Tuesday, May 9, 2017

The Two Philosophies

During the aforementioned podcast from the Lurkers' post, beginning at 59:45, Chad and Carl get into a disagreement about whether or not the DM is a player.  I have made my position on this matter known before, but let's have a look at the discussion as it is discussed on the podcast.

Chad takes the position that because the DM "plays" a character, because the DM provides all the other voices, this makes the DM a player.  Carl is put on the spot, asserts that he's completely opposed to this idea, but yet he's forced to admit he hasn't got the argument he needs.  That's as far as the discourse goes.

So, if I step in.

There is an excellent moment where Chad is emphasizing the "character" aspect of "non-player character" to emphasize that, because he plays a character, the DM is a player.  This is a remarkable moment of disassociation, because the right answer is, "Yes, a non-player character." But we shouldn't fault Chad here.  He's a victim of language, as are so many participants of role-playing games.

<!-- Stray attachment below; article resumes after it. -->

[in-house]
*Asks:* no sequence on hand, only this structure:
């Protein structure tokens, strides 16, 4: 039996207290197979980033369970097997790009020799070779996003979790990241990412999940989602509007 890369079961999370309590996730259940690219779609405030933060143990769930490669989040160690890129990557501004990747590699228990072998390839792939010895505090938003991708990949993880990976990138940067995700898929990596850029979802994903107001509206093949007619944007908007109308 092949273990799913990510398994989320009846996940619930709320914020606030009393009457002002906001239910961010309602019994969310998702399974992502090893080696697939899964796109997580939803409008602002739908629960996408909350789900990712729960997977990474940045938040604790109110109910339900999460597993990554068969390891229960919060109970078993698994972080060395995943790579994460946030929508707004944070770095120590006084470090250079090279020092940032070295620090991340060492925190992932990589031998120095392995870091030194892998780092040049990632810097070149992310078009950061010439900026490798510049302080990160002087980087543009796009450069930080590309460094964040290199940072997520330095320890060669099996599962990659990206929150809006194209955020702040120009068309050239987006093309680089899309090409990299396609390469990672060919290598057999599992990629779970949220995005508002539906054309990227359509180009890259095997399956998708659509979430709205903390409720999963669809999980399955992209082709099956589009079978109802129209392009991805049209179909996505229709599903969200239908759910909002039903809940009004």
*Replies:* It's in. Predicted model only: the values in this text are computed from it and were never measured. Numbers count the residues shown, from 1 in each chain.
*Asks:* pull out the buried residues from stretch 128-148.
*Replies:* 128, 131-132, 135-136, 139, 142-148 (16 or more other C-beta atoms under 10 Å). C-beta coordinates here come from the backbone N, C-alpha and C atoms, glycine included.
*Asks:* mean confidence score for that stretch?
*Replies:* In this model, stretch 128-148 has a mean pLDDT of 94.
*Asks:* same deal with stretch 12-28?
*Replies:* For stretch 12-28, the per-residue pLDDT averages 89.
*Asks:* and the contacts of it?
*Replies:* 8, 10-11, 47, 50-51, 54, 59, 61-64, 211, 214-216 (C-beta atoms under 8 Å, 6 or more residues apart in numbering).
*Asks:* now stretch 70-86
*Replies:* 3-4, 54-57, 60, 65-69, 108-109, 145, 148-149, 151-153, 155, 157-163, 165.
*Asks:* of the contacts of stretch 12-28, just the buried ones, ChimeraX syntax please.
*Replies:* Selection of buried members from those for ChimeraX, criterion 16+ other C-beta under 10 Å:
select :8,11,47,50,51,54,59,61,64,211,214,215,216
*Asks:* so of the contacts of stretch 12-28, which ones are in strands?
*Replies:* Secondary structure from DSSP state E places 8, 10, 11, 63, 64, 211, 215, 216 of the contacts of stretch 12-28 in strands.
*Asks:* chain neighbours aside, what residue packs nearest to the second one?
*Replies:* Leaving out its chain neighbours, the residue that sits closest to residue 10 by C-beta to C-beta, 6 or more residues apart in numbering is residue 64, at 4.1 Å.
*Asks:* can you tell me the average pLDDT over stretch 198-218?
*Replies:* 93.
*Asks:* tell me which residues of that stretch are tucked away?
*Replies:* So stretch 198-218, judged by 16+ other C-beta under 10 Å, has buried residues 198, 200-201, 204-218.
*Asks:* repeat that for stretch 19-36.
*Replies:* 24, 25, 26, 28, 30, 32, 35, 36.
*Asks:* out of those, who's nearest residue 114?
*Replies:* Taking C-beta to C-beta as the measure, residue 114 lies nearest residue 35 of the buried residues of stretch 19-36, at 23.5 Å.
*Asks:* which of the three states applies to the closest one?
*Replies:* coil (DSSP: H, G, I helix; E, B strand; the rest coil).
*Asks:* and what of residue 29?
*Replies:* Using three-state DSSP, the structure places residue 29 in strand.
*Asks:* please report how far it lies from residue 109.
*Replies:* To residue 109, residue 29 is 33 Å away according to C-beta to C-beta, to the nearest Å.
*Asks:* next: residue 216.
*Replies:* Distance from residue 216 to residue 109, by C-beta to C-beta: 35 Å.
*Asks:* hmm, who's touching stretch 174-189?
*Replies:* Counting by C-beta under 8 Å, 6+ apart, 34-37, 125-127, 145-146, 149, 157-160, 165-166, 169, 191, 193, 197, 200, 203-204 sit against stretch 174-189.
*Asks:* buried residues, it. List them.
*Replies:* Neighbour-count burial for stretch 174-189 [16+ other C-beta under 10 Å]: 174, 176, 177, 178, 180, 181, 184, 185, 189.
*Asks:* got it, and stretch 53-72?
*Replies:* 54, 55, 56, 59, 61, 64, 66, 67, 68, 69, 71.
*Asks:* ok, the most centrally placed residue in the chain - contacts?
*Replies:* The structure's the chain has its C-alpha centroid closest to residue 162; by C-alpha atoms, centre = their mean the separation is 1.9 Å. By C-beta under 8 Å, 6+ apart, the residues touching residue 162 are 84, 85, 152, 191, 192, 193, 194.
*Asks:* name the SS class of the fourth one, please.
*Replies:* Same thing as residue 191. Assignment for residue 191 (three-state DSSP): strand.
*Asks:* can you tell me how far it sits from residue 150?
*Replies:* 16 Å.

Over the decades, a severe disconnect has occurred in the development of games by independent DMs, creating largely isolated games throughout the world.  This is the mistaken belief that "playing" is a adjective that modifies the word "role" and not the word "game."  In turn, this has caused tens of thousands of participants to believe that an RPG is a "game" in which persons "play" a "role" ~ rather than the adjective "role-playing" that describes a specific kind of game.

The problem derives from the dual use of the word "play" in both aspects.  We play games.  We play roles.   The word itself is a derivation of a West Saxon word, plega, meaning quick motion, recreation, exercise or any brisk activity.  The last was employed most often in terms of "swordplay," meaning to fight one another as training (though of course, now, swordplay is often used to describe the real thing).